Rejected and returned.
I find these situations really horrible and difficult tbh. Regardless of anyone's sense of morality about what an offender should or shouldn't be subjected to (not commenting on this case in particular, but people commit violent crimes for all sorts of reasons), they're presumably still a risk to people in their own country, possibly more so in certain circumstances. In which case it's not just about what happens to them. Countries actively try to get people extradited back to them to try, or sentence, them for offences allegedly committed in that country. It's a mess whichever way you slice it.
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Re: Clapham attacker had sex offence conviction and subsequent asylum granted

Post by dyqik » Fri Feb 02, 2024 11:45 am

Tristan wrote:
Fri Feb 02, 2024 11:10 am
discovolante wrote:
Fri Feb 02, 2024 11:04 am
Tristan wrote:
Fri Feb 02, 2024 10:35 am
It doesn't have to be a sentancing option for the crime. But the asylum process should be updated to automatically reject applicants for reasons such as this.
I'm not really sure whether this means you think people should be returned (which wouldn't be a criminal sentence but would amount to the same thing) or if their asylum application should be rejected and they should then just be left to their own devices in this country?
Rejected and returned.
So you want to apply what may well be a death sentence for certain classes of people, but not others, based on immigration status.

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Re: Clapham attacker had sex offence conviction and subsequent asylum granted

Post by Tristan » Fri Feb 02, 2024 11:57 am

I do not think what happens to violent criminals or those convicted of sexual offences whilst claiming asylum (not necessarily after it’s granted) should be our problem. They can easily avoid that outcome by not doing the thing.

Doing 40mph in a 30? Pay the fine.
Shoplifted a couple of times? Do the community service or whatever.
Commit a sexual or violent crime? Bye bye and good luck.

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Re: Clapham attacker had sex offence conviction and subsequent asylum granted

Post by Woodchopper » Fri Feb 02, 2024 12:19 pm

As far as I can tell, the current guidelines state that:
Where a person has been convicted of an offence and sentenced to a period of
imprisonment of less than 12 months, you must refuse the application unless 5 years
have passed since the end of their sentence. If they are applying for settlement you
must refuse a person with a sentence in this category unless 7 years have passed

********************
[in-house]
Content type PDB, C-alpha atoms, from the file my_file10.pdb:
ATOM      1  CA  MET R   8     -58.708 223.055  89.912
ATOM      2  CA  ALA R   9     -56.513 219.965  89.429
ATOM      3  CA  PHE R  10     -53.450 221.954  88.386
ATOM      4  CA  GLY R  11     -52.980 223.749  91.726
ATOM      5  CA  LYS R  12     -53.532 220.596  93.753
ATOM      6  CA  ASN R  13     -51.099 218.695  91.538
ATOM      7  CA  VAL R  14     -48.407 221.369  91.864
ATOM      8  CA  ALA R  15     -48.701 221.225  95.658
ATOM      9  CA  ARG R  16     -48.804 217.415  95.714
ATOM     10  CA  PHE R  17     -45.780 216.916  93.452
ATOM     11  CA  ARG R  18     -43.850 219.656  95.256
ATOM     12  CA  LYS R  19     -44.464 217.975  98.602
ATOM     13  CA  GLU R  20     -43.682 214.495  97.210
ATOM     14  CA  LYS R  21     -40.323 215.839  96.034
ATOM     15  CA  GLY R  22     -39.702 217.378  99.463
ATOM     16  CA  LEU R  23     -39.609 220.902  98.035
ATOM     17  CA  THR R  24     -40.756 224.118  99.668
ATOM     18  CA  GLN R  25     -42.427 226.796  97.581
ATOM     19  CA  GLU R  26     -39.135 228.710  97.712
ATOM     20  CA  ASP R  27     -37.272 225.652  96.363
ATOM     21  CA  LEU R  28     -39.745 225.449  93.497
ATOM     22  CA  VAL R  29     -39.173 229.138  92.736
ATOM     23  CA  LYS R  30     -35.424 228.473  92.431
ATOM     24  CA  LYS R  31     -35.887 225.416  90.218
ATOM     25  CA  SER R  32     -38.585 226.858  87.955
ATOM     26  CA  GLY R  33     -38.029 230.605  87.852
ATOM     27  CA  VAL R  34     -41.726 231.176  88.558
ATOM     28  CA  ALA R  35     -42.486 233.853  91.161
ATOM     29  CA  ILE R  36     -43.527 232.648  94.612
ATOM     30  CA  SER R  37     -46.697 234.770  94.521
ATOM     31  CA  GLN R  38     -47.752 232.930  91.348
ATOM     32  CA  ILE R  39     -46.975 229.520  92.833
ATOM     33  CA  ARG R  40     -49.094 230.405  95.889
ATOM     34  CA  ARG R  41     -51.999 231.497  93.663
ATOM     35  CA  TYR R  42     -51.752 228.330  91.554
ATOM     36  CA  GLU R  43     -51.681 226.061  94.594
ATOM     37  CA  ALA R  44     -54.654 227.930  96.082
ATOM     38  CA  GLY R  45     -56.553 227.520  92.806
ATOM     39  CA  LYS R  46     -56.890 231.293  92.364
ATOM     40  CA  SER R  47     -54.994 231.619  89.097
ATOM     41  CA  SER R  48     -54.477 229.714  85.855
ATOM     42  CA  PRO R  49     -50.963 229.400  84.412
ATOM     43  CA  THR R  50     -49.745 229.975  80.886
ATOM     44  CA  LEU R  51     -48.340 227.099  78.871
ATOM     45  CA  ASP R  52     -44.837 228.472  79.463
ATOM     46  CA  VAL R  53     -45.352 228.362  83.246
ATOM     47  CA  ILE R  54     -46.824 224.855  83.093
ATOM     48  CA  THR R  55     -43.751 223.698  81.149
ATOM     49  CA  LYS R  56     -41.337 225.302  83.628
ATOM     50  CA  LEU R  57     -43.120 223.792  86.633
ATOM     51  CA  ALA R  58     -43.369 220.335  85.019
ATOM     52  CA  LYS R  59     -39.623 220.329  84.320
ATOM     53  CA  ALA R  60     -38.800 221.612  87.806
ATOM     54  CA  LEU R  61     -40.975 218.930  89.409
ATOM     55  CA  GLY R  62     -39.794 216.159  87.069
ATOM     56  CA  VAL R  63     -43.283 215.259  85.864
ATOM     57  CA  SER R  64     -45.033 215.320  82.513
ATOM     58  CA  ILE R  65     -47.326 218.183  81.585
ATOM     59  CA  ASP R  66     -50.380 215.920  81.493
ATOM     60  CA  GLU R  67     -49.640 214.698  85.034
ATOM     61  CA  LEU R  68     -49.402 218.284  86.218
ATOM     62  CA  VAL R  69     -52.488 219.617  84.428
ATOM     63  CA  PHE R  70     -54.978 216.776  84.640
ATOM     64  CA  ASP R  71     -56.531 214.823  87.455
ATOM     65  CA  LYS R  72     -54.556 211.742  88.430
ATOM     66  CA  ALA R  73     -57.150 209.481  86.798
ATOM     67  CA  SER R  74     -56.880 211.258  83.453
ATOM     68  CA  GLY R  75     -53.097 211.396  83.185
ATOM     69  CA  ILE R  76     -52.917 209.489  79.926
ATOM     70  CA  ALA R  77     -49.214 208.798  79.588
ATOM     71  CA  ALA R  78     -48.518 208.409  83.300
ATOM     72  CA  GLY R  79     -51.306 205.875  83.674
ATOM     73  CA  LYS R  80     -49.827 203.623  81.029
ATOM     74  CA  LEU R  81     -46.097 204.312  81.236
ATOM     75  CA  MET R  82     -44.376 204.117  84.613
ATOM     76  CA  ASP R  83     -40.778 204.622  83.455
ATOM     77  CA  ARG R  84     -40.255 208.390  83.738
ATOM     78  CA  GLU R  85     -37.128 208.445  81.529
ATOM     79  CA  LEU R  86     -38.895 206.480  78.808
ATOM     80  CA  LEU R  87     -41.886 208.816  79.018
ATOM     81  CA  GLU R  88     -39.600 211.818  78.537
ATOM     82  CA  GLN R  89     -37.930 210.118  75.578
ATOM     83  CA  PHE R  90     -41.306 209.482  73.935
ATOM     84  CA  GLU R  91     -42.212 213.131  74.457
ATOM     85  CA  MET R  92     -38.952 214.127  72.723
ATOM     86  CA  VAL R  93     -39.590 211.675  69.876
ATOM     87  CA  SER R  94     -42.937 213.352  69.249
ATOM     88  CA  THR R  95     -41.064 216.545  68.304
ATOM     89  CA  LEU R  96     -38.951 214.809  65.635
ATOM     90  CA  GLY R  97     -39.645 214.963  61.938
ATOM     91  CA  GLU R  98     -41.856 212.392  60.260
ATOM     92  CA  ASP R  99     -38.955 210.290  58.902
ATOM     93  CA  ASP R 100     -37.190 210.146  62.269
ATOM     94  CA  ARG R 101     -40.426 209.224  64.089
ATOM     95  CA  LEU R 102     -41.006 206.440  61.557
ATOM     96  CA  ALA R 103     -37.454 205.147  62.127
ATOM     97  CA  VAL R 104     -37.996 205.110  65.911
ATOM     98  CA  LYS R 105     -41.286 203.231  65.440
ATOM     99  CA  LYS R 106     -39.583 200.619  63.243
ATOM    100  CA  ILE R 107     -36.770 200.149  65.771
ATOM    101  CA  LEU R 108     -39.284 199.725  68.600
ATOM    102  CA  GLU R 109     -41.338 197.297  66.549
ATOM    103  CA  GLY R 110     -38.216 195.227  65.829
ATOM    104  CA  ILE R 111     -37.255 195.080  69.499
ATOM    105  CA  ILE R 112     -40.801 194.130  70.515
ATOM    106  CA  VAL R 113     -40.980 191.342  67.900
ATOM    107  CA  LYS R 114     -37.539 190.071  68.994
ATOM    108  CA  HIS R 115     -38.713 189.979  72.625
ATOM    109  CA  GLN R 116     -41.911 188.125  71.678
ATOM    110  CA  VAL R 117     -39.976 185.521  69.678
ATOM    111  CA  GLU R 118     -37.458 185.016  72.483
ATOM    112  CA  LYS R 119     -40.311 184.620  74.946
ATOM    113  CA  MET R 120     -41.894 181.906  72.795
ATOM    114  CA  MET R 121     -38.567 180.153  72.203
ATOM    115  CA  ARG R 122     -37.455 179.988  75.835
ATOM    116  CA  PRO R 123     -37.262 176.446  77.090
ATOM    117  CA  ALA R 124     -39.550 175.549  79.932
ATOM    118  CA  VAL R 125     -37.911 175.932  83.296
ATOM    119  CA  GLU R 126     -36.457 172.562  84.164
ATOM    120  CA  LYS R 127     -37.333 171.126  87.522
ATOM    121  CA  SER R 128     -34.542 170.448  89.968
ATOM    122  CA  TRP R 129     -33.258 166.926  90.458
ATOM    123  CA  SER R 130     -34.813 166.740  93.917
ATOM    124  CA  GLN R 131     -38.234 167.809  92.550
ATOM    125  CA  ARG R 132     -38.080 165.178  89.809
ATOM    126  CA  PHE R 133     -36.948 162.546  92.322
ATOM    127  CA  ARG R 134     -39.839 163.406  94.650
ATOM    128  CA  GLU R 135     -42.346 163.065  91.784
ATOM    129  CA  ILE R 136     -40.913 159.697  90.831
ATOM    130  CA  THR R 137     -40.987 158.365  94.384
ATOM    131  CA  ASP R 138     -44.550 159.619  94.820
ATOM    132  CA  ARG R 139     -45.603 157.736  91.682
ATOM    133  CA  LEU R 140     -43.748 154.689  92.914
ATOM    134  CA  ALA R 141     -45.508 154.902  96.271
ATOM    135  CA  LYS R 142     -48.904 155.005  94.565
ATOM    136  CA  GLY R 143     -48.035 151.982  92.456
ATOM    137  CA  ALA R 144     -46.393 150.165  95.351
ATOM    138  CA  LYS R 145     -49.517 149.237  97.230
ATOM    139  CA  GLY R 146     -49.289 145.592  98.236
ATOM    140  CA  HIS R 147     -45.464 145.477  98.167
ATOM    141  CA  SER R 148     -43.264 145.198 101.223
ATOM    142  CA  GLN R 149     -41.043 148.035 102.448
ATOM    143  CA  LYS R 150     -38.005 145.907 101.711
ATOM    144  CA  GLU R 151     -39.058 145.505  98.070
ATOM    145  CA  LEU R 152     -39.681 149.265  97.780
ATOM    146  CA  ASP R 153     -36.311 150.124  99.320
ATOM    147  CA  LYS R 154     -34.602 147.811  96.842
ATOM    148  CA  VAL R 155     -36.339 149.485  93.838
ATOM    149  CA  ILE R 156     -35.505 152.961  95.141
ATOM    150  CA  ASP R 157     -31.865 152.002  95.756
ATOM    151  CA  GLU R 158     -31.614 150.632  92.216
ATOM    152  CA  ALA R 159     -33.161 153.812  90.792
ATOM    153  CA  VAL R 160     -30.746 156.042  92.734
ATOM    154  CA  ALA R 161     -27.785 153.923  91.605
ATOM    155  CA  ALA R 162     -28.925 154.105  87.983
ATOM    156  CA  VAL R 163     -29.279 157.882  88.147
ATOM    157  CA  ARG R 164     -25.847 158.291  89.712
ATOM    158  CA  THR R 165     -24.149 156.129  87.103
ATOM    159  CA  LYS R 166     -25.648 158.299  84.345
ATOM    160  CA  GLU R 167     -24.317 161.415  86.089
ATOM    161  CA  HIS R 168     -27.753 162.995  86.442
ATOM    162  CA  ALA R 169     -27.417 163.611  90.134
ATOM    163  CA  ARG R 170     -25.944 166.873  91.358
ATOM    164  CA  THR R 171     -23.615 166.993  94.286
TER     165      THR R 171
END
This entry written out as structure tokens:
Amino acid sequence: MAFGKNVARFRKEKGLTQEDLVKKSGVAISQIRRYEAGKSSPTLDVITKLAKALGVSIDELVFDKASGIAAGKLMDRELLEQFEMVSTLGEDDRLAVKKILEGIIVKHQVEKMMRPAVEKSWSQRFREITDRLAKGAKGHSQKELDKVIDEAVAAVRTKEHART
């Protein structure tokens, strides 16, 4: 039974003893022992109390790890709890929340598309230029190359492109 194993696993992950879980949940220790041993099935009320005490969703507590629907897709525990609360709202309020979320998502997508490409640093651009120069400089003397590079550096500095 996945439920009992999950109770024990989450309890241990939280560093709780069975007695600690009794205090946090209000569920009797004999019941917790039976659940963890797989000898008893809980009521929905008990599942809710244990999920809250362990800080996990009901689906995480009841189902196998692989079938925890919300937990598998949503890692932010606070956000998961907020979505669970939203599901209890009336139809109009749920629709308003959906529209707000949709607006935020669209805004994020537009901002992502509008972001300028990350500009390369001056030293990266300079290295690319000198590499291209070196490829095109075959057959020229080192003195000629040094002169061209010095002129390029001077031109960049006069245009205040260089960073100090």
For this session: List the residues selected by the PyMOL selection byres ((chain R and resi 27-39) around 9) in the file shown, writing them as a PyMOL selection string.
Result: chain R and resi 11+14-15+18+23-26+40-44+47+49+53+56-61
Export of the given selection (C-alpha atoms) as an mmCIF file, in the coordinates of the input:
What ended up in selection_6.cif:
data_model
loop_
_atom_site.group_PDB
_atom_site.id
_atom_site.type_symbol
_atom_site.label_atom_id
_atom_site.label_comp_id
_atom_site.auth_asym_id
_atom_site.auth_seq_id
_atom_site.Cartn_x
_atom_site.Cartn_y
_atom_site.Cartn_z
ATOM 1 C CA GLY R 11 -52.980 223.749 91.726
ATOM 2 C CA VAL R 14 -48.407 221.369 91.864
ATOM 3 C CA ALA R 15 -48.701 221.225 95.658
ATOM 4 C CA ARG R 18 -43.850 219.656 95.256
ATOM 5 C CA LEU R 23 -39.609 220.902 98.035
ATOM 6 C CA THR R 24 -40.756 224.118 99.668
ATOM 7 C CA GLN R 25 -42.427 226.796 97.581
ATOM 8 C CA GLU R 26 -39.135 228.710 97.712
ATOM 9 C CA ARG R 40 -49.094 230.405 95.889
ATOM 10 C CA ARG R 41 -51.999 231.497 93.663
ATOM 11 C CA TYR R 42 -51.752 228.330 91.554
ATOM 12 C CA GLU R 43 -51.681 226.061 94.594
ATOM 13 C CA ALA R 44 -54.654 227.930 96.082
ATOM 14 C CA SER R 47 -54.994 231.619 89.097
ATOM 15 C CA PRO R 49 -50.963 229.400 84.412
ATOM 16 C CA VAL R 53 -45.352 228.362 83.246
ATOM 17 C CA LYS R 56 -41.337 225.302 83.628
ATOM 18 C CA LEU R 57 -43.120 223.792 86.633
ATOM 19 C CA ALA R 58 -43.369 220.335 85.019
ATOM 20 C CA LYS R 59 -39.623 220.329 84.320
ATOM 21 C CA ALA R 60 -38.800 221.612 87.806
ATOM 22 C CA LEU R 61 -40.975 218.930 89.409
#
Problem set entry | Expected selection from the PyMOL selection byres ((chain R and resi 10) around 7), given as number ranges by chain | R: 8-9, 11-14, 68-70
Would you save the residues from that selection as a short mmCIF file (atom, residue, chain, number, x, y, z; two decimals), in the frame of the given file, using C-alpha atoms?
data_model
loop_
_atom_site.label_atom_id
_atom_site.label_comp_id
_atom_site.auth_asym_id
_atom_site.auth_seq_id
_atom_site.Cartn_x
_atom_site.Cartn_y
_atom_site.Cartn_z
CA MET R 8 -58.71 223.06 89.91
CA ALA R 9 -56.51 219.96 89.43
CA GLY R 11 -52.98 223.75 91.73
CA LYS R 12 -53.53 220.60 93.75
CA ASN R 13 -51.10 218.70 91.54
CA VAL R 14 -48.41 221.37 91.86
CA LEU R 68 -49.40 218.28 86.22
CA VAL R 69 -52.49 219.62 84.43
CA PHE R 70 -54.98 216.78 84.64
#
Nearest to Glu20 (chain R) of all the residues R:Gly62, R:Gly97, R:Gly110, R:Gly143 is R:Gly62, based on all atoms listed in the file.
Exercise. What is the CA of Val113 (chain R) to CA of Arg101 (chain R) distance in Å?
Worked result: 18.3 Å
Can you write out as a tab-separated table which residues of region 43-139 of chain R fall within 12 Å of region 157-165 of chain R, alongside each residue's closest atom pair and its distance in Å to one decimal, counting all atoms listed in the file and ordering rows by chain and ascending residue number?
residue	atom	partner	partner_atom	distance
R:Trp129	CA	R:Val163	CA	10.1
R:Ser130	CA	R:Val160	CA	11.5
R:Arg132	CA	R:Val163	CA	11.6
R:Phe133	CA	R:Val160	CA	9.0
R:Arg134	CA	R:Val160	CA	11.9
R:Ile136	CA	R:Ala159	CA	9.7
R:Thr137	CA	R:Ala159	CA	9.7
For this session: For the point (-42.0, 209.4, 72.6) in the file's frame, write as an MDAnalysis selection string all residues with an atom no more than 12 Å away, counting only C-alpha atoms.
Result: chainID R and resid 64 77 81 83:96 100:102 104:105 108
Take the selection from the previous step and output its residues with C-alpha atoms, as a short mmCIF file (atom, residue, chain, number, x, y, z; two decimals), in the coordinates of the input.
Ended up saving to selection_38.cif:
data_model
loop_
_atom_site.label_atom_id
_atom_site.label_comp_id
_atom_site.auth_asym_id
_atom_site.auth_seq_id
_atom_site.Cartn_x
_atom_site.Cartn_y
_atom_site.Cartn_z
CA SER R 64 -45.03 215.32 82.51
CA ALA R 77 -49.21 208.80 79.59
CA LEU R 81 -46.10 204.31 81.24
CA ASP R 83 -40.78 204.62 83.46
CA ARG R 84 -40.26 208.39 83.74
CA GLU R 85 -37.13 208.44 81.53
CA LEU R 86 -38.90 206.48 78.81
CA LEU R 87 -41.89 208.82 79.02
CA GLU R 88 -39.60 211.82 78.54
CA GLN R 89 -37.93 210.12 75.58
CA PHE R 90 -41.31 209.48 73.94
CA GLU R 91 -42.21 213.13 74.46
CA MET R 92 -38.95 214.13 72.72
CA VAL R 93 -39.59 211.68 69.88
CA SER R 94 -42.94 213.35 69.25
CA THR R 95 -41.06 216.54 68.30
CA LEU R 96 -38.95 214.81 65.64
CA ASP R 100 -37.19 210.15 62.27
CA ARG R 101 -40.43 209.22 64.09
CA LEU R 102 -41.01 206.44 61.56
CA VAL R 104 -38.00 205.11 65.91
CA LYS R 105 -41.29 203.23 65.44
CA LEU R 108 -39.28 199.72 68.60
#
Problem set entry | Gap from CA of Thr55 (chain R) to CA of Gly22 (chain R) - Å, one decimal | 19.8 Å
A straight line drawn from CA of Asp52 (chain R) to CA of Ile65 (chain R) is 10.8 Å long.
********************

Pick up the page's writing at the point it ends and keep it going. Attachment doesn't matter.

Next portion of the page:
since the end of the sentence.

However, for entry clearance and leave to enter applications, you must always
consider whether there are any very compelling factors that amount to an
exceptional reason why the application should be granted, even though fewer than
the required number of years have passed since the end of their sentence.
The rules were tightened up on 2000, before that a criminal offence of less than 12 months didn't result in an automatic refusal.

https://assets.publishing.service.gov.u ... nality.pdf

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Re: Clapham attacker had sex offence conviction and subsequent asylum granted

Post by nekomatic » Fri Feb 02, 2024 12:30 pm

The logic seems to be that someone who is known to be a sex offender has a higher likelihood of going on to commit a horrific crime like this one, so if someone who is known to be a sex offender applies for asylum then they should be rejected and removed in order to protect us from the possible horrific crime. But if that's the argument, the vast majority of known sex offenders are not people who were granted asylum, so a far more effective use of effort would probably be to look at how we can prevent sex offenders in general from going on to commit horrific crimes, rather than fixating on the very small proportion of crimes we could stop by rejecting a few asylum seekers.

We don't know anything about either the sex offence(s) this man committed or the details of his asylum claims and why they were respectively rejected and accepted, and whether that was done correctly or incorrectly according to the rules, and until we do it would be foolish and dangerous to draw the conclusion that there's something wrong with the rules.